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This time is different – The mysterious case of Japan’s capital market reforms

In a high-context culture like Japan, often the real message is left unspoken.  

But when it comes to capital market reforms – or reforms of any nature in fact – ideally there should not be room for ambiguity.  

And that is probably one of the main frustrations among foreign investors – especially activist fund managers – about Japan’s stock market, which has printed barely USD 1.9bn worth of new stock so far this year, trailing behind China, Indonesia, Hong Kong and even India. The year-to-date showing may still beat 2022’s full-year USD 2.43bn, but lags well behind 2021’s USD 6.8bn, according to Dealogic data.  

What is particularly ironic is that while the country’s Nikkei 225 Index keeps marching to test record highs, many stocks are still trading below 1x book value, as reported by this news service earlier this month.

“You know what, literally five minutes before you arrived, we decided to go short on Japan,” a Hong-Kong based manager of a global hedge fund told the Explorer in late May. “Reforms in Japan…take forever.” 

The fund manager is clearly not alone in thinking so. But there are reasons to make the case for investors to spare another thought about Japan Inc. this time.  

First and foremost, the Tokyo Stock Exchange (TSE) has called on companies since late January to review non-core, underperforming businesses, especially companies trading below 1x book value, so as to improve capital efficiency, increase profitability and enhance investor returns.  

Another asset manager told this news service in April that TSE’s move had put companies trading below 1x book “under tremendous pressure… it’s a game changer.” 

There is also evidence that Japanese corporates are starting to heed and act – as TSE’s efforts have triggered a wave of apologies and capital return initiatives in recent months. Japan Post Holdings [TYO: 6178] said it is “ashamed” of its 0.35x book value while JFE Holdings [TYO:5411] said it takes its low P/B of 0.51x “very seriously”.  

To incentivize reforms, the government will grant tax breaks to companies that apply between 1 April this year and 31 March next year to spin off a wholly-owned subsidiary, retaining an ownership below 20%.  

Thirdly, activist investors are pushing harder than ever, calling companies to carve out non-core, unprofitable businesses to extract shareholder value. 

Japanese listco carve-outs have historically been dominated by trade sales. Carve-out listings (Spin-off IPOs) are rare but that is likely to change.

As Softbank Group Corp [TYO:9984] filed for a US listing in April for chipmaker subsidiary ARM looking to fetch an USD 80bn valuation, there is a growing enthusiasm about carve-out listings among Japanese corporates. Softbank, which bought Arm for USD 32bn in 2016, failed to sell the business to Nvidia [NYSE:NVDA] for USD 40bn in 2020 due to a veto by regulators in 2022.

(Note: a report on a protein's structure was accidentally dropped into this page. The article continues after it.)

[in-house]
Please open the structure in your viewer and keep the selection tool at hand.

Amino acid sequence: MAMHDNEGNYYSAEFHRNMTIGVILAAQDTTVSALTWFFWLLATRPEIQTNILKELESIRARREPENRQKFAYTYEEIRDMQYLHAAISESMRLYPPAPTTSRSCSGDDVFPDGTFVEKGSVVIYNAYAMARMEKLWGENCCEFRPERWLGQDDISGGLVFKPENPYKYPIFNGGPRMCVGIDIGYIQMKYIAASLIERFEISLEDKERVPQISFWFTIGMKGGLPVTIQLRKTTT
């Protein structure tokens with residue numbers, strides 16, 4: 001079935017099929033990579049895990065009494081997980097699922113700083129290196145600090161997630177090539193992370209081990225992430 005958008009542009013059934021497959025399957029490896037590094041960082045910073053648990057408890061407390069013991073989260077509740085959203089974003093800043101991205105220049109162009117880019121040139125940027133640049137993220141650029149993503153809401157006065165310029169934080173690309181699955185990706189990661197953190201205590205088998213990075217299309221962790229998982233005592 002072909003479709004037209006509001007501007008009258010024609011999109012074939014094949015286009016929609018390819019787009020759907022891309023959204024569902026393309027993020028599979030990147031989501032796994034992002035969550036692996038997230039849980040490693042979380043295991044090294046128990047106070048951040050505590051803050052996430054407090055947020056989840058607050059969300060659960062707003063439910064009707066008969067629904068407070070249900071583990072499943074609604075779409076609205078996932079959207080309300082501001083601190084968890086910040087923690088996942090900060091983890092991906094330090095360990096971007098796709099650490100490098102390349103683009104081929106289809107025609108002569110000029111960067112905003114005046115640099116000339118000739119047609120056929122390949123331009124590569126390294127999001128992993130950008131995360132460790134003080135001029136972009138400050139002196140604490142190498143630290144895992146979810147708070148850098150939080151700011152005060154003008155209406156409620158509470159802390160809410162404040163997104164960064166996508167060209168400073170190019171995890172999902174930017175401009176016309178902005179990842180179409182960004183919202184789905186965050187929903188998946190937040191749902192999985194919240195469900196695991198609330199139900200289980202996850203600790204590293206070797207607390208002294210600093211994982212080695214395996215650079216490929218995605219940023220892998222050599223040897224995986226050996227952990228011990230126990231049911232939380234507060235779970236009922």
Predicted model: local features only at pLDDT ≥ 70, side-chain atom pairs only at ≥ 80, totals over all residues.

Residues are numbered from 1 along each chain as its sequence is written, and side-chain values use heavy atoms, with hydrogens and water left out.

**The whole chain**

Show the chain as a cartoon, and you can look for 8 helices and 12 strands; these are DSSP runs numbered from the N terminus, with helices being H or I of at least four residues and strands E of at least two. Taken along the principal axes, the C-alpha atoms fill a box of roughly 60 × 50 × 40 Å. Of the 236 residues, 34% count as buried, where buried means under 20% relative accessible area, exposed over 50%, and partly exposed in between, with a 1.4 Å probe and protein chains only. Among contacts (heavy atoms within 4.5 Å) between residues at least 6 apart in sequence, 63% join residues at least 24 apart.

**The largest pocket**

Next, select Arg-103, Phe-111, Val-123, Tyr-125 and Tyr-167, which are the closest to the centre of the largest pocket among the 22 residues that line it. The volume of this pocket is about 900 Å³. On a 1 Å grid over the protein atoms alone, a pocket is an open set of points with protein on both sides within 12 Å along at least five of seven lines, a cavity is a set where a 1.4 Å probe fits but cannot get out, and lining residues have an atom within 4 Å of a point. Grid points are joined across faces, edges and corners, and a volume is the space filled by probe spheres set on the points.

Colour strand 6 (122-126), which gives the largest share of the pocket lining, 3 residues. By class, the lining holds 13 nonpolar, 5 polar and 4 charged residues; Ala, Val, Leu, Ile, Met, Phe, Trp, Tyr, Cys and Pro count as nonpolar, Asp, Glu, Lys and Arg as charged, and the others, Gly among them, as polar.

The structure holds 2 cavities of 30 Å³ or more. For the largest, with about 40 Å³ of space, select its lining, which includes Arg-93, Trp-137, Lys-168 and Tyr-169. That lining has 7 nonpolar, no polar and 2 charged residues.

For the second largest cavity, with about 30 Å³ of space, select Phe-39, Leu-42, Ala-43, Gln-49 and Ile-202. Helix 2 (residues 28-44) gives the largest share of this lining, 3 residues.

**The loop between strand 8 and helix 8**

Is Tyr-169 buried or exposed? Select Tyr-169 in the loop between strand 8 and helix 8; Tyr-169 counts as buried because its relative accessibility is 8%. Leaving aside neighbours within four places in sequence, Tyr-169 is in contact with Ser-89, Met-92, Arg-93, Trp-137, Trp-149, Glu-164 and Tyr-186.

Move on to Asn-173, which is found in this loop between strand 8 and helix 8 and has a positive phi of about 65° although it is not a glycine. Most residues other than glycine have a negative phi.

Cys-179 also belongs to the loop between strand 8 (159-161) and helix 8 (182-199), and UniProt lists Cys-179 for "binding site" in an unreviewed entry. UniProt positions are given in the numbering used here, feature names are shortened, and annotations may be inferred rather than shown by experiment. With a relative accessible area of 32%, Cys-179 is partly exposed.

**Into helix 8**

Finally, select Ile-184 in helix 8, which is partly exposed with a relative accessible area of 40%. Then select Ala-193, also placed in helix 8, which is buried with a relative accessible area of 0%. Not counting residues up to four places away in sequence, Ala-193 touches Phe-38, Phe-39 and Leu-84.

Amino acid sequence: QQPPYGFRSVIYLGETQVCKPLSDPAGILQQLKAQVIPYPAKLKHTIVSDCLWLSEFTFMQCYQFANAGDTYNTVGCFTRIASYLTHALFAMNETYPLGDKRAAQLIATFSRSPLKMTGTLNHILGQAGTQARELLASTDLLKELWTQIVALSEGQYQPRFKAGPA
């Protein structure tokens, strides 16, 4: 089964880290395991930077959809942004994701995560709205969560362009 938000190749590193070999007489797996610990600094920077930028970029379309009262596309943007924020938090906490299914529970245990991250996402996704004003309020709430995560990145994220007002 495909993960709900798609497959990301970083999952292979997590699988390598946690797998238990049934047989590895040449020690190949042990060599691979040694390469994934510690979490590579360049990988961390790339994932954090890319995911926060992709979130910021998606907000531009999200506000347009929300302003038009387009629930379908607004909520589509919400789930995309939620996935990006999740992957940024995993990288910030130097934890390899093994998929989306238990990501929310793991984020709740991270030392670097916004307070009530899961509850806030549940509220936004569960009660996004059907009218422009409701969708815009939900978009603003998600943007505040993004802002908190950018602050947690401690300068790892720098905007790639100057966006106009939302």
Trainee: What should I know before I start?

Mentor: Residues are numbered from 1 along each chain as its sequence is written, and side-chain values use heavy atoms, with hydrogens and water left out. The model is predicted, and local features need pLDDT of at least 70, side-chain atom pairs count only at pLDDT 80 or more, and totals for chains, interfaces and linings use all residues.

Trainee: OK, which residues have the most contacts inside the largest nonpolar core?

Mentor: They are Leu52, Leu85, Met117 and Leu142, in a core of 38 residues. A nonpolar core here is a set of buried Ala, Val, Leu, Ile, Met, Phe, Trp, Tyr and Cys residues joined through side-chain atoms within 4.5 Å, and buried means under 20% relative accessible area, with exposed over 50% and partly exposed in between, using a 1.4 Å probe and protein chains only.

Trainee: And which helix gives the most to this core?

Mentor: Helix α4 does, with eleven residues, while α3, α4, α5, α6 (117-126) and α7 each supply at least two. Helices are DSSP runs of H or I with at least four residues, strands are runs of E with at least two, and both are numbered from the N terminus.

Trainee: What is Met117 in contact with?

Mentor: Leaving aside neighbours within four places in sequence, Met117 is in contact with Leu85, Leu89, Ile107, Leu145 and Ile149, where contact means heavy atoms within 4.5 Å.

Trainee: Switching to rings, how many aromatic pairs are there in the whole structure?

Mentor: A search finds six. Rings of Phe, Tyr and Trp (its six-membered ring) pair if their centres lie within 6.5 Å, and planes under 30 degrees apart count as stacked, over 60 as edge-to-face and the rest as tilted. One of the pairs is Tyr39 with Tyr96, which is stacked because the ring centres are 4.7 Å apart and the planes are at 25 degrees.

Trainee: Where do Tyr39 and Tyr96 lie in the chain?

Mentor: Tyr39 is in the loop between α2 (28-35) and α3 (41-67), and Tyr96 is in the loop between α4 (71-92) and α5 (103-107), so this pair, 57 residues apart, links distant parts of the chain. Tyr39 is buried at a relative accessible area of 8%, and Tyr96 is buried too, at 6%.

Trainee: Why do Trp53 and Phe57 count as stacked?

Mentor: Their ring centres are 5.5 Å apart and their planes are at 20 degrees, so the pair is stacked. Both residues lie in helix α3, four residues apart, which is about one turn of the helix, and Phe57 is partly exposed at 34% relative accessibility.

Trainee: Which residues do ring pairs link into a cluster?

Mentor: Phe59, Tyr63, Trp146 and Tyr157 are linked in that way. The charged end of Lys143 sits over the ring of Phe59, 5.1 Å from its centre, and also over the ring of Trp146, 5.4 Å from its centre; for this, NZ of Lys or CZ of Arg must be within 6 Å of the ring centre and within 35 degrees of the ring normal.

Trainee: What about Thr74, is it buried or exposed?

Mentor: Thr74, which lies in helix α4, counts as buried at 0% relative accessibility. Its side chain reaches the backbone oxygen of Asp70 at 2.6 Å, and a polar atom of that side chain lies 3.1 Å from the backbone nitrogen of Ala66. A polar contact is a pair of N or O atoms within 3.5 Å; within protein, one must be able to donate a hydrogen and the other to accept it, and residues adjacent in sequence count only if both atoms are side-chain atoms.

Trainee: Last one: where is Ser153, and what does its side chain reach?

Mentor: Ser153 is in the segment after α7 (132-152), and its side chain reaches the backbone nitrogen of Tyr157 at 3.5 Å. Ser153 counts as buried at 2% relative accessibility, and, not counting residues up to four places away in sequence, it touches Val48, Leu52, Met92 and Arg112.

The idea of equity carve-outs and spin-offs is not new. But it is just not yet rooted in the Japanese corporate playbook.   

According to Dealogic data, there have only been 38 equity carve-outs and five spin-offs in Japan since 2003. This compares to a combined 174 carved out IPOs and spin-offs in Australia, 105 in Hong Kong and 127 in South Korea during the same period.   

Spin-off IPO are mostly done by larger Japanese corporates. Among the top 10 largest IPOs in Japan since 2003, six came out of listed Japanese corporates.  

The largest carve-out in Japanese history is SoftBank Group’s spin-off of its telecom unit SoftBank Corp [TYO:9434] in December 2018, raising JPY 2.4trn (USD 21.3bn) with a market cap of JPY 7.3trn (USD 63.8bn). The telecom unit’s shares dropped 14.5% upon listing while Softbank Group shares were up 2.8% one-month after the spin-off was announced.  

In April 2023, Rakuten Group [TYO:4755] floated its internet banking business Rakuten Bank [TYO:5838] raising JPY 83.3bn (USD 674m), Rakuten Bank has surged 39.1% since listing, while the parent has dropped 27.5%.   

With tax incentives and shareholder activism driving the agenda again, one can reasonably expect a pick-up in Japan’s carve-out via IPO activity at least over the near- to mid-term, especially when a record-high benchmark index makes it easier for conglomerates to spin off their units at more desirable valuations.  

Less than three years after Sony [TYO:6758] took private its financial subsidiary arm Sony Financial Holdings in 2020, Sony said in mid-May that it is considering a partial spin-off of the financial division so that the group can focus and scale up investment in its image sensors and entertainment business.  

This is the second time Sony takes its financial arm public. In 2007, Sony floated the unit raising JPY 348bn (USD 3bn). The FT
reported that Sony would make use of the government tax break initiative to hive off the unit, aiming to retain around 20% of the business with a targeted timeframe of two to three years for the listing. Prior to the take-private in 2019, US activist Third Point has urged Sony to consider divesting their stakes in Sony Financial, while spinning off the semiconductor business.  

Under pressure by ValueAct, Seven & i Holdings [TYO:3382] said in early April that the company has established a strategy committee to evaluate alternatives, including an IPO or spin-off. In January, the US activist called upon the retail giant to conduct a tax-free separation of 7-Eleven stores via IPO within a year to unlock up to 80% in shareholder value.  

With foreign investors pouring in record amounts of money into the country, money managers will surely demand a bigger say in reshaping the Japan Inc.